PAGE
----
In low-lying areas like South Florida, where rising seas and repeat floods are already driving up insurance costs, the nation’s beleaguered flood program should consider more aggressive efforts to buy out risky property, the Natural Resources Defense Council said Tuesday.
In a study that looked at escalating costs to a program mired in $24 billion in debt, the group found that the National Flood Insurance Program spent $5.5 billion to rebuild 30,000 properties that flooded repeatedly between 1978 and 2015. That’s just a fraction of the 5 million insured. The study also found lower-priced property valued at less than $250,000 typically cost more to rebuild — about 122 percent —than its value.
To end the cycle of “flood, rebuild, repeat,” that often traps lower-income homeowners, the group is pushing for legislation that would make it easier for willing property owners to secure an option to sell when they obtain insurance.
“Oftentimes homeowners are unable to get the assistance they really need, which is to seek higher ground,” said Rob Moore, an NRDC flood expert and study author. “Rebuilding over and over doesn’t seem to be getting the desired effect. People aren’t being made safer and it surely isn’t saving the flood insurance program money.”
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Under current options, property owners can opt to sell rather than rebuild, but the process can be lengthy, Moore said. FEMA considers a property a severe risk if four or more claims over $5,000 have been filed, or at least two amounting to more than the property value.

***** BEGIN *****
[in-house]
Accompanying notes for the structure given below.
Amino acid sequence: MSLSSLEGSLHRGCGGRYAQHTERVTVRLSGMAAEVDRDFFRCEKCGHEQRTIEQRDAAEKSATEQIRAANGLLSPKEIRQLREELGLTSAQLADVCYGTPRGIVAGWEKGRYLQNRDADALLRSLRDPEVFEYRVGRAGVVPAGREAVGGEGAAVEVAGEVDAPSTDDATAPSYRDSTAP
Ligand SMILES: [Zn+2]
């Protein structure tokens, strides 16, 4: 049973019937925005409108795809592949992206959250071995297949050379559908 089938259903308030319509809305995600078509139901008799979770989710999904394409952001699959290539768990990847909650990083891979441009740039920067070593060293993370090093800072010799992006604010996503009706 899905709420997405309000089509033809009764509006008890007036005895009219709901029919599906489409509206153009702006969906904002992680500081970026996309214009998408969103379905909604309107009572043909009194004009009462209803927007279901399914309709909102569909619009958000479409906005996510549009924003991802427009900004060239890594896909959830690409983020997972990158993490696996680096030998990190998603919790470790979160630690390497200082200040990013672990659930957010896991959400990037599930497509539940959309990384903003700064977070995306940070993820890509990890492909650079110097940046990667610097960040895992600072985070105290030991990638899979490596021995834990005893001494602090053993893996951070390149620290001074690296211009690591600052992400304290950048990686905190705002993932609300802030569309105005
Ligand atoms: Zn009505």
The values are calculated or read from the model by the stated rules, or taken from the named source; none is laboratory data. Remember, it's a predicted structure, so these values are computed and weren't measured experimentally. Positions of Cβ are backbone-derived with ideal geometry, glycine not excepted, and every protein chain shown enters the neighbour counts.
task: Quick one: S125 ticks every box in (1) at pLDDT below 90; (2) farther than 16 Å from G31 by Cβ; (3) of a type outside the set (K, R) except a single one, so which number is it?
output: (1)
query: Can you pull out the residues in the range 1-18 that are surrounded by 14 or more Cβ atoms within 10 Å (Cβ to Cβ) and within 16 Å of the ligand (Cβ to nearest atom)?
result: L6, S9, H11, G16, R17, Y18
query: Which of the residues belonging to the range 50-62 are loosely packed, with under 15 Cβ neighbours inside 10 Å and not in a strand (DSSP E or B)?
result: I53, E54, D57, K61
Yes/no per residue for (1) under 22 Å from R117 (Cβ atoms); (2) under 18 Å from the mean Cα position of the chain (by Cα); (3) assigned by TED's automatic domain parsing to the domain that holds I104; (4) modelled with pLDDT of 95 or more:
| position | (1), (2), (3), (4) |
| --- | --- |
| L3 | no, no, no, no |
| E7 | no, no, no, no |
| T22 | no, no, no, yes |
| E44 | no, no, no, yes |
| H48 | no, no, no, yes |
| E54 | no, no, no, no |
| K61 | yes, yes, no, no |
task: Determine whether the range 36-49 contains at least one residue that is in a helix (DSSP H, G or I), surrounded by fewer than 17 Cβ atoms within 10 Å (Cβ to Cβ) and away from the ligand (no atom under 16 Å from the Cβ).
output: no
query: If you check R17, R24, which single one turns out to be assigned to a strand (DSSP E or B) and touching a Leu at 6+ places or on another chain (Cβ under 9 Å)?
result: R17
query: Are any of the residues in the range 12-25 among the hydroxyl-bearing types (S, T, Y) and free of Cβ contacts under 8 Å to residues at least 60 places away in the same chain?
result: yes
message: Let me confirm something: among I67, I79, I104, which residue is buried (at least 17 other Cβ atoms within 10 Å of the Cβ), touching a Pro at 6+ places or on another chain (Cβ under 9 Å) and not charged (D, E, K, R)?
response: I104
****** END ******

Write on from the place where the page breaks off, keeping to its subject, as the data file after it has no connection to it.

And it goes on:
It’s hard to tell what the plan would mean for Florida, where the flood-prone coast is lined with property priced in the millions and the population continues to swell. Sea rise is expected to continue to worsen coastal flooding and also trigger more inland flooding in areas like Sweetwater and the Shorecrest neighborhood in Miami. Florida leads the nation in the amount paid out for flood-protection and ranked fifth behind Louisiana, Texas, New Jersey and New York, for properties that suffer repeat flooding.
“The reality is we could be looking at three to six feet of sea level rise in this country by the end of this century. And everybody is not going to have the luxury of being able to stay where they’re at right now,” he said. “We should give them an option now…rather than waiting until they’re completely out of options.”
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